Paul Oscher | Alone with the Blues

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Blues: Chicago Style Blues: Delta Style Moods: Type: Live Recordings
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Alone with the Blues

by Paul Oscher

Legendary bluesman and multi instrumentalist Paul Oscher presents an outstanding seventeen track collection of deep blues over a wide spectrum of blues styles in this highly acclaimed release
Genre: Blues: Chicago Style
Release Date: 

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  Song Share Time Download
1. Walkin'
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2:19 album only
2. That's Alright
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4:33 album only
3. My Sweet Suzanne
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4:00 album only
4. Standing at the Crossroads
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4:39 album only
5. Alone with the Blues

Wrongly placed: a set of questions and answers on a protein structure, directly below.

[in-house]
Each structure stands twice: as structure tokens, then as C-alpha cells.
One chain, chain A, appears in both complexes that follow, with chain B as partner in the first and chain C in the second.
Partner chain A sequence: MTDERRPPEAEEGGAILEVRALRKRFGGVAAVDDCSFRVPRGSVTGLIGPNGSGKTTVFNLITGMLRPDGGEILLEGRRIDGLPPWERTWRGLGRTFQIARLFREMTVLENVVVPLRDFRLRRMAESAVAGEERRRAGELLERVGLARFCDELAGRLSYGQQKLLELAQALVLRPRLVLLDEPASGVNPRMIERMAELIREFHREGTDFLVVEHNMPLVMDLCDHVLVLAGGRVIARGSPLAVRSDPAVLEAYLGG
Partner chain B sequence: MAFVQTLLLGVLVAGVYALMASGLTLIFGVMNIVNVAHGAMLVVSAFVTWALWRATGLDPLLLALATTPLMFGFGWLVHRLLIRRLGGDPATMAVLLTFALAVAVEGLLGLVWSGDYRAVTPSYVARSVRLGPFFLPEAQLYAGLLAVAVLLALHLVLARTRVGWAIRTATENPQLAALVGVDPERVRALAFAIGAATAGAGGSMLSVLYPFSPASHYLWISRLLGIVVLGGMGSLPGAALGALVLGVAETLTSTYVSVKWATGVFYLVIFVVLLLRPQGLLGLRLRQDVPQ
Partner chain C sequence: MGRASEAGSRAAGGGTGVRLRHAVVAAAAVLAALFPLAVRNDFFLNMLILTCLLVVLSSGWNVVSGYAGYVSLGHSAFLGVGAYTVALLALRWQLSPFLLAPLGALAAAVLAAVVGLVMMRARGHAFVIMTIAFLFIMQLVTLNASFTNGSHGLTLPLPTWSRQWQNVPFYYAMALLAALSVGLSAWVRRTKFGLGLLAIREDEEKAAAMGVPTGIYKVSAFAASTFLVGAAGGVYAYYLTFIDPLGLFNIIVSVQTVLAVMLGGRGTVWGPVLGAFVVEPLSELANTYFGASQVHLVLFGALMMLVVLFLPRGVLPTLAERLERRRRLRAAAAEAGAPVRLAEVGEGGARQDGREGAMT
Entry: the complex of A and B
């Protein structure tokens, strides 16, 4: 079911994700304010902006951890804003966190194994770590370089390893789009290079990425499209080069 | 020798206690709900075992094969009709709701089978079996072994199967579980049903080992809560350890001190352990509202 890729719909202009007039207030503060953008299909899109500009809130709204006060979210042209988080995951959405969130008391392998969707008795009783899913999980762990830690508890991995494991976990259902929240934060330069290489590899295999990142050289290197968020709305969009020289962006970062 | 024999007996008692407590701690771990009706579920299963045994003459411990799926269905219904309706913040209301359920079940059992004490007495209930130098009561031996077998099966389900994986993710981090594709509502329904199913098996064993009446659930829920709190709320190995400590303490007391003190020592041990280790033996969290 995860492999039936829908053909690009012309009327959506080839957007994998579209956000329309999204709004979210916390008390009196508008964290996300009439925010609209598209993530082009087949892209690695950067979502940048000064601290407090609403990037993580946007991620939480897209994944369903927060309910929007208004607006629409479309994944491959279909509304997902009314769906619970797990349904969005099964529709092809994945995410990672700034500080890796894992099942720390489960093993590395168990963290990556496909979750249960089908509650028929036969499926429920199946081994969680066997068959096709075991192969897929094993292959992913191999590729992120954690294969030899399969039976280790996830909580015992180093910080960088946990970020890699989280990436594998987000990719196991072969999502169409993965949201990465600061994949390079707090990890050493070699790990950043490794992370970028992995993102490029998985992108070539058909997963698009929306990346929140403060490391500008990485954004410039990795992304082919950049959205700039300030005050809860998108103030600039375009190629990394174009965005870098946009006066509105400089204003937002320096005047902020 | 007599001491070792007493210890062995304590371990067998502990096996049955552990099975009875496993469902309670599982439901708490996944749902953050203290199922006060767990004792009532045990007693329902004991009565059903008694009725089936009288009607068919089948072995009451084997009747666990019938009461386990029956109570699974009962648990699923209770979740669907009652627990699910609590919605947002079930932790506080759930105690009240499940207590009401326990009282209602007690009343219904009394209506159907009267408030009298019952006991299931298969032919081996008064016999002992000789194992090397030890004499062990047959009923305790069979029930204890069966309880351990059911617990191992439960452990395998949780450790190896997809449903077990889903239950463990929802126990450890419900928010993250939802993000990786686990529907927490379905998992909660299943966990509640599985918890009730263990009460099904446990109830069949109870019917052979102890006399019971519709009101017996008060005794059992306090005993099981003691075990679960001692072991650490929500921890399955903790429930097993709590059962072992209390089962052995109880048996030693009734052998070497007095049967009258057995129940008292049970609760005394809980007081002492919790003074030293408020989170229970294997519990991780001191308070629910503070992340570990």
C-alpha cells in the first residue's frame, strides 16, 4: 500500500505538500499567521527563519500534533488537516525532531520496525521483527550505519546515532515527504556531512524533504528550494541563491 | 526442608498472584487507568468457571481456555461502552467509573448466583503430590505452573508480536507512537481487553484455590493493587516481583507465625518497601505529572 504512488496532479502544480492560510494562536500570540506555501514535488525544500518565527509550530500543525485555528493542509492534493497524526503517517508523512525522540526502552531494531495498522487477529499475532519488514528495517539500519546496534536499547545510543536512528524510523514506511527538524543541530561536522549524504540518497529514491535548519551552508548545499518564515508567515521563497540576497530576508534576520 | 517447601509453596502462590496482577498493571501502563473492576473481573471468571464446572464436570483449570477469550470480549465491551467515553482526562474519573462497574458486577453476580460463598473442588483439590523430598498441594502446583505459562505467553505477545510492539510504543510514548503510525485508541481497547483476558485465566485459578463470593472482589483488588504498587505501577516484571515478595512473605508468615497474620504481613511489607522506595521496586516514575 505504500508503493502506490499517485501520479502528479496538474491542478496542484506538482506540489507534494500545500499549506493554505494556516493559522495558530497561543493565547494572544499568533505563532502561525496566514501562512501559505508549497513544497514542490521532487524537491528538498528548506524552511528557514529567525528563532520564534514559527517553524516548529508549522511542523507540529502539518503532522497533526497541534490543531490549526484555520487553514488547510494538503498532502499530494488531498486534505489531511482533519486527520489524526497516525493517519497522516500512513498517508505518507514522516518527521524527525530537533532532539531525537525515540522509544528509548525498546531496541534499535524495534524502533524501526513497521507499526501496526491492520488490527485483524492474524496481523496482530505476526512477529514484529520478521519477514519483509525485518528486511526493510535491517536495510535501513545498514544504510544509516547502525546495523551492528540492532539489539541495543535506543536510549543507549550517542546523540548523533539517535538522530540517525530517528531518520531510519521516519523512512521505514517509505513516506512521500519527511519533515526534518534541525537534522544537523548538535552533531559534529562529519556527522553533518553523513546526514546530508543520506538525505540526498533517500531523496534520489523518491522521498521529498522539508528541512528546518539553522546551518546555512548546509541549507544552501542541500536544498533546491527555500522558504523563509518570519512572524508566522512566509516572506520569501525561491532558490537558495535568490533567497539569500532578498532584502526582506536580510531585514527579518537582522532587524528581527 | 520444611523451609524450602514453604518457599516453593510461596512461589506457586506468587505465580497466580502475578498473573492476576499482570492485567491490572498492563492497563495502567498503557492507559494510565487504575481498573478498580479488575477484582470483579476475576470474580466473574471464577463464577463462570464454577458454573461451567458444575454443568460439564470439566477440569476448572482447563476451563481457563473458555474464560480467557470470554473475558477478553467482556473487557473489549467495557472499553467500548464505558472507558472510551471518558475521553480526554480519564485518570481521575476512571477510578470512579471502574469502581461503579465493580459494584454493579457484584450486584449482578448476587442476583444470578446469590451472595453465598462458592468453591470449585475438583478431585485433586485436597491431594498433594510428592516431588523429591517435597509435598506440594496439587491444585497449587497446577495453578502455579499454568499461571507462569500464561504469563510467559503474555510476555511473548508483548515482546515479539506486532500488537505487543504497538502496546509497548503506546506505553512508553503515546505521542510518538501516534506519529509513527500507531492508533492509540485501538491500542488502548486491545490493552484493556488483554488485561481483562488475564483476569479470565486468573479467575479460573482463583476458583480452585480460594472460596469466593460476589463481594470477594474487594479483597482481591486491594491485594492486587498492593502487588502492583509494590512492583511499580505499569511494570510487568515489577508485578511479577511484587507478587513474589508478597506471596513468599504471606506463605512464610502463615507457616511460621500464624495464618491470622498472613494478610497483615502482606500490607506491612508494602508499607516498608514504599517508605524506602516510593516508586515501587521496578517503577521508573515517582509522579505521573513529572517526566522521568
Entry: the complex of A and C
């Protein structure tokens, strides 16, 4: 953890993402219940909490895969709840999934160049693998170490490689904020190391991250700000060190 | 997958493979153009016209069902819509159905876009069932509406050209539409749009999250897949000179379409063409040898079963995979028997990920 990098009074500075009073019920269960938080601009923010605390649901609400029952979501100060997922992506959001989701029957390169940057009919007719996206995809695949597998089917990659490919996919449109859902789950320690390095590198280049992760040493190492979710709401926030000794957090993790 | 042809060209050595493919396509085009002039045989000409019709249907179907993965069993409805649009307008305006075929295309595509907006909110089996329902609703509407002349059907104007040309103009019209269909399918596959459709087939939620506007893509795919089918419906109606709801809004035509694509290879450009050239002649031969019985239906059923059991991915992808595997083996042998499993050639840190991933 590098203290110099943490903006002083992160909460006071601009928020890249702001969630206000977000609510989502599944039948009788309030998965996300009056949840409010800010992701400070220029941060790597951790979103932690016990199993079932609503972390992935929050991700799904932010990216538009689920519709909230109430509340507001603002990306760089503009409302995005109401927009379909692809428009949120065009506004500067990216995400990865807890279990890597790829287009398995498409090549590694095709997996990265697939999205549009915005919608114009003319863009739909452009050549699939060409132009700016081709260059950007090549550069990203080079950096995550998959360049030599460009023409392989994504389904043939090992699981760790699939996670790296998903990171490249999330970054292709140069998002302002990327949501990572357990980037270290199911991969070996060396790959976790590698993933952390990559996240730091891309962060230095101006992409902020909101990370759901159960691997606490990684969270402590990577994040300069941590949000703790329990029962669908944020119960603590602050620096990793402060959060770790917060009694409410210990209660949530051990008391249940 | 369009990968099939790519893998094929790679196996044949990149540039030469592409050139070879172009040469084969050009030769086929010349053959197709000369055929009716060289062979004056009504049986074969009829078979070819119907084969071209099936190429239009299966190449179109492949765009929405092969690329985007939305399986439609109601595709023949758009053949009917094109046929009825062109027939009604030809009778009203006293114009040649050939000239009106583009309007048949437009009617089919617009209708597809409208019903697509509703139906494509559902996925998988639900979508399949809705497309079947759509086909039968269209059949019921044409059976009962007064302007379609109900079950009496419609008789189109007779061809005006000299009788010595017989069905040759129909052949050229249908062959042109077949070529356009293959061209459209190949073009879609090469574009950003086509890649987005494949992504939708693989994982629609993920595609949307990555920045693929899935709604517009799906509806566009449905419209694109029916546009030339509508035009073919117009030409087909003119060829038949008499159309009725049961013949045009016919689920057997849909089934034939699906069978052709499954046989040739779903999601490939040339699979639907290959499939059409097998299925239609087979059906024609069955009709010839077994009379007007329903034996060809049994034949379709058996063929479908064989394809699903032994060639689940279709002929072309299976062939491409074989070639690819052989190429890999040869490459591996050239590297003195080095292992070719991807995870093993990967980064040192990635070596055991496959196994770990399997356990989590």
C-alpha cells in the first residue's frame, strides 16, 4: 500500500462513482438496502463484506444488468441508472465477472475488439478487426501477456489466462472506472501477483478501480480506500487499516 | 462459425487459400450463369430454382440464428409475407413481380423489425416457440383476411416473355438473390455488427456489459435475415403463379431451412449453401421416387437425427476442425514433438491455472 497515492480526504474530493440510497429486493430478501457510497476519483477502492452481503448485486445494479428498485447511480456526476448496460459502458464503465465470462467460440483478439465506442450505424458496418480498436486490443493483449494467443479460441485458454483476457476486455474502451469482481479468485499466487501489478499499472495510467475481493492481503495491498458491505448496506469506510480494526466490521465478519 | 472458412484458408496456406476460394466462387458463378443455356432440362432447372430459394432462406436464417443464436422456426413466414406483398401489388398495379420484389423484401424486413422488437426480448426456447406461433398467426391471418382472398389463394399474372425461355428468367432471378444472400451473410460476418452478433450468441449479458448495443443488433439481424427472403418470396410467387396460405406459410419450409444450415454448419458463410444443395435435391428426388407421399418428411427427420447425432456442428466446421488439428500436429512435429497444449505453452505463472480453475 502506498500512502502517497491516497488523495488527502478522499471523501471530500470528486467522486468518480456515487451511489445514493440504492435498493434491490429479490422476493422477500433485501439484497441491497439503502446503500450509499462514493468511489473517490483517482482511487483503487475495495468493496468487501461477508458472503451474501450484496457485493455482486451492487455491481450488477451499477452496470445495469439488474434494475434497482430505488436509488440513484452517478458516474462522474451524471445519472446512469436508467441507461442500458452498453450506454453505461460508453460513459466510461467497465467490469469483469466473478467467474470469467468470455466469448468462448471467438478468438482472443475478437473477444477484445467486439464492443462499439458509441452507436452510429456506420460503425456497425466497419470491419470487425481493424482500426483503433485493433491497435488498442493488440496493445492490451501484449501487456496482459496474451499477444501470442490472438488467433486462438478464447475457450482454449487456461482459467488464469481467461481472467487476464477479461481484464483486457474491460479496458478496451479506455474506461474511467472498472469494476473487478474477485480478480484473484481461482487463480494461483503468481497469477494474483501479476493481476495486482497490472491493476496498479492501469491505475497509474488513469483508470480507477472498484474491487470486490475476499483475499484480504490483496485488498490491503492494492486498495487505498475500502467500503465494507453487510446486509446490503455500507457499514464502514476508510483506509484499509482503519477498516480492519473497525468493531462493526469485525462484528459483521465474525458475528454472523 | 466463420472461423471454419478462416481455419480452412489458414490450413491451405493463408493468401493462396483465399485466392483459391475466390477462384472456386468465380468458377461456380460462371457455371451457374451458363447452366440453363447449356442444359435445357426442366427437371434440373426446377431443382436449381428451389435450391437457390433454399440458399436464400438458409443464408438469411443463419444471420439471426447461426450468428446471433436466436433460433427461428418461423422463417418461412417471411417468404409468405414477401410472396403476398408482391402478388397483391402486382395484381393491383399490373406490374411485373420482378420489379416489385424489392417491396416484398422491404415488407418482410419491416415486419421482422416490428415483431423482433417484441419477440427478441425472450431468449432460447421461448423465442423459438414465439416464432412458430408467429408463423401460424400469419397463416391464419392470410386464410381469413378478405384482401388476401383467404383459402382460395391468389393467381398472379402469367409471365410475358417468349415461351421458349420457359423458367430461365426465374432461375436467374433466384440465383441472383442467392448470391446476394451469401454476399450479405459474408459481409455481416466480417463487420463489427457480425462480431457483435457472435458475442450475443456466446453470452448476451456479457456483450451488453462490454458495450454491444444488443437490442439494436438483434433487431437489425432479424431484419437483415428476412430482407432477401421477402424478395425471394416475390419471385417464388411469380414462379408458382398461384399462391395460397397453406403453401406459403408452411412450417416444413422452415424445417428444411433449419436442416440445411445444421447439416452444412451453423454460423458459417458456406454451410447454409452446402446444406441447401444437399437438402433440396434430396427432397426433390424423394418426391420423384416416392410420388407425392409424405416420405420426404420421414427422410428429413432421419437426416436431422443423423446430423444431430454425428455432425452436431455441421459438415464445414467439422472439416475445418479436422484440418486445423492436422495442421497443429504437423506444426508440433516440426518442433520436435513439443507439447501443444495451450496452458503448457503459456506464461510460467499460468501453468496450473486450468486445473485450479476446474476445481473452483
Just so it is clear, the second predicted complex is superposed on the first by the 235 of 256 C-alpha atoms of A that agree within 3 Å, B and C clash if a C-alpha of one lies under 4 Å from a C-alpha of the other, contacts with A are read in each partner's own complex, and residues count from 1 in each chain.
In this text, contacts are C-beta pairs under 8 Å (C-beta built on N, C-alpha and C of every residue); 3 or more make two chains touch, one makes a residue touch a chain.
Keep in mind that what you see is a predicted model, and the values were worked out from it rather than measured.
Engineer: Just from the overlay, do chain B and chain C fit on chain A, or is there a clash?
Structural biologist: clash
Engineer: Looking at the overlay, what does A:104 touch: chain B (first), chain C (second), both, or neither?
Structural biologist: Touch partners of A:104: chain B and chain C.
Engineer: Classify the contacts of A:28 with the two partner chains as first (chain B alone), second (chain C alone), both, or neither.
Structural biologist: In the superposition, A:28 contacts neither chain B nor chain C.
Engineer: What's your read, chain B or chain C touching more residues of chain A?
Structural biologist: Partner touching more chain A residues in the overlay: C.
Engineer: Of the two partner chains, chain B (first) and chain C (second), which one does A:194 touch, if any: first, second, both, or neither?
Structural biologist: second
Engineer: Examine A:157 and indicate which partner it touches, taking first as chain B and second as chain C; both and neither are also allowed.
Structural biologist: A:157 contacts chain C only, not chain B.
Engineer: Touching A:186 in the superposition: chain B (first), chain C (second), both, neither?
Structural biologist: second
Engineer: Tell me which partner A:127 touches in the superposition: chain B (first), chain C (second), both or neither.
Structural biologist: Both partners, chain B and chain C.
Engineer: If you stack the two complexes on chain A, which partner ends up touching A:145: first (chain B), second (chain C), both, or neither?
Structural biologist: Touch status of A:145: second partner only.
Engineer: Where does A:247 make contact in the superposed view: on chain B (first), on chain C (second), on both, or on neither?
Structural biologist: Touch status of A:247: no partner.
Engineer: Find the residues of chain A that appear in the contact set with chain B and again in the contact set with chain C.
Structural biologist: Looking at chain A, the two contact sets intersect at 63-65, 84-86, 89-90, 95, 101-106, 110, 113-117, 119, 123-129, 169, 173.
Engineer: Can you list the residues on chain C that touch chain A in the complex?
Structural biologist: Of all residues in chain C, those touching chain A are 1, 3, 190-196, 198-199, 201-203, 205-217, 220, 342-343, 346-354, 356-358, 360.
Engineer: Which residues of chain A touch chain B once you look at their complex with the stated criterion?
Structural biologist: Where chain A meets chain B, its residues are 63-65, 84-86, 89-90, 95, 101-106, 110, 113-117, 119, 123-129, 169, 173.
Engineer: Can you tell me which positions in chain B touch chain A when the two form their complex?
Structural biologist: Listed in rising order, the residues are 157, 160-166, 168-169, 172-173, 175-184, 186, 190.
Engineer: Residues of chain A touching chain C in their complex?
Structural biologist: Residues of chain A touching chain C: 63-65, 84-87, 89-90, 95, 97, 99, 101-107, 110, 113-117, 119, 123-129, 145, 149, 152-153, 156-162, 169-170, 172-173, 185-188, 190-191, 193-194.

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5:24 album only
6. Glory, Glory
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2:46 album only
7. Blues and Trouble
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4:58 album only
8. Work that Stuff
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4:11 album only
9. Juke Joint
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4:33 album only
10. You're Still my Baby
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3:03 album only
11. Anna Lee
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3:15 album only
12. Louis Collins
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2:56 album only
13. Early One Morning
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4:24 album only
14. Old Ship of Zion
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3:35 album only
15. Blues before Sunrise
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4:47 album only
16. Christmas Blues
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4:24 album only
17. Giving Thanks
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4:35 album only


Album Notes
Seventeen tracks from the legendary former Muddy Waters blues band member Paul Oscher. This recording features Paul on a variety of musical instruments and vocals over a broad range of blues styles. This is traditional blues at it's best by a living master of the genre.



Paul Oscher was the first white musician to become a member of the great Muddy Waters blues band (1967-71) He was Muddy's harp player and he lived in Muddy's house on Chicago's southside and shared the basement with the great Otis Spann.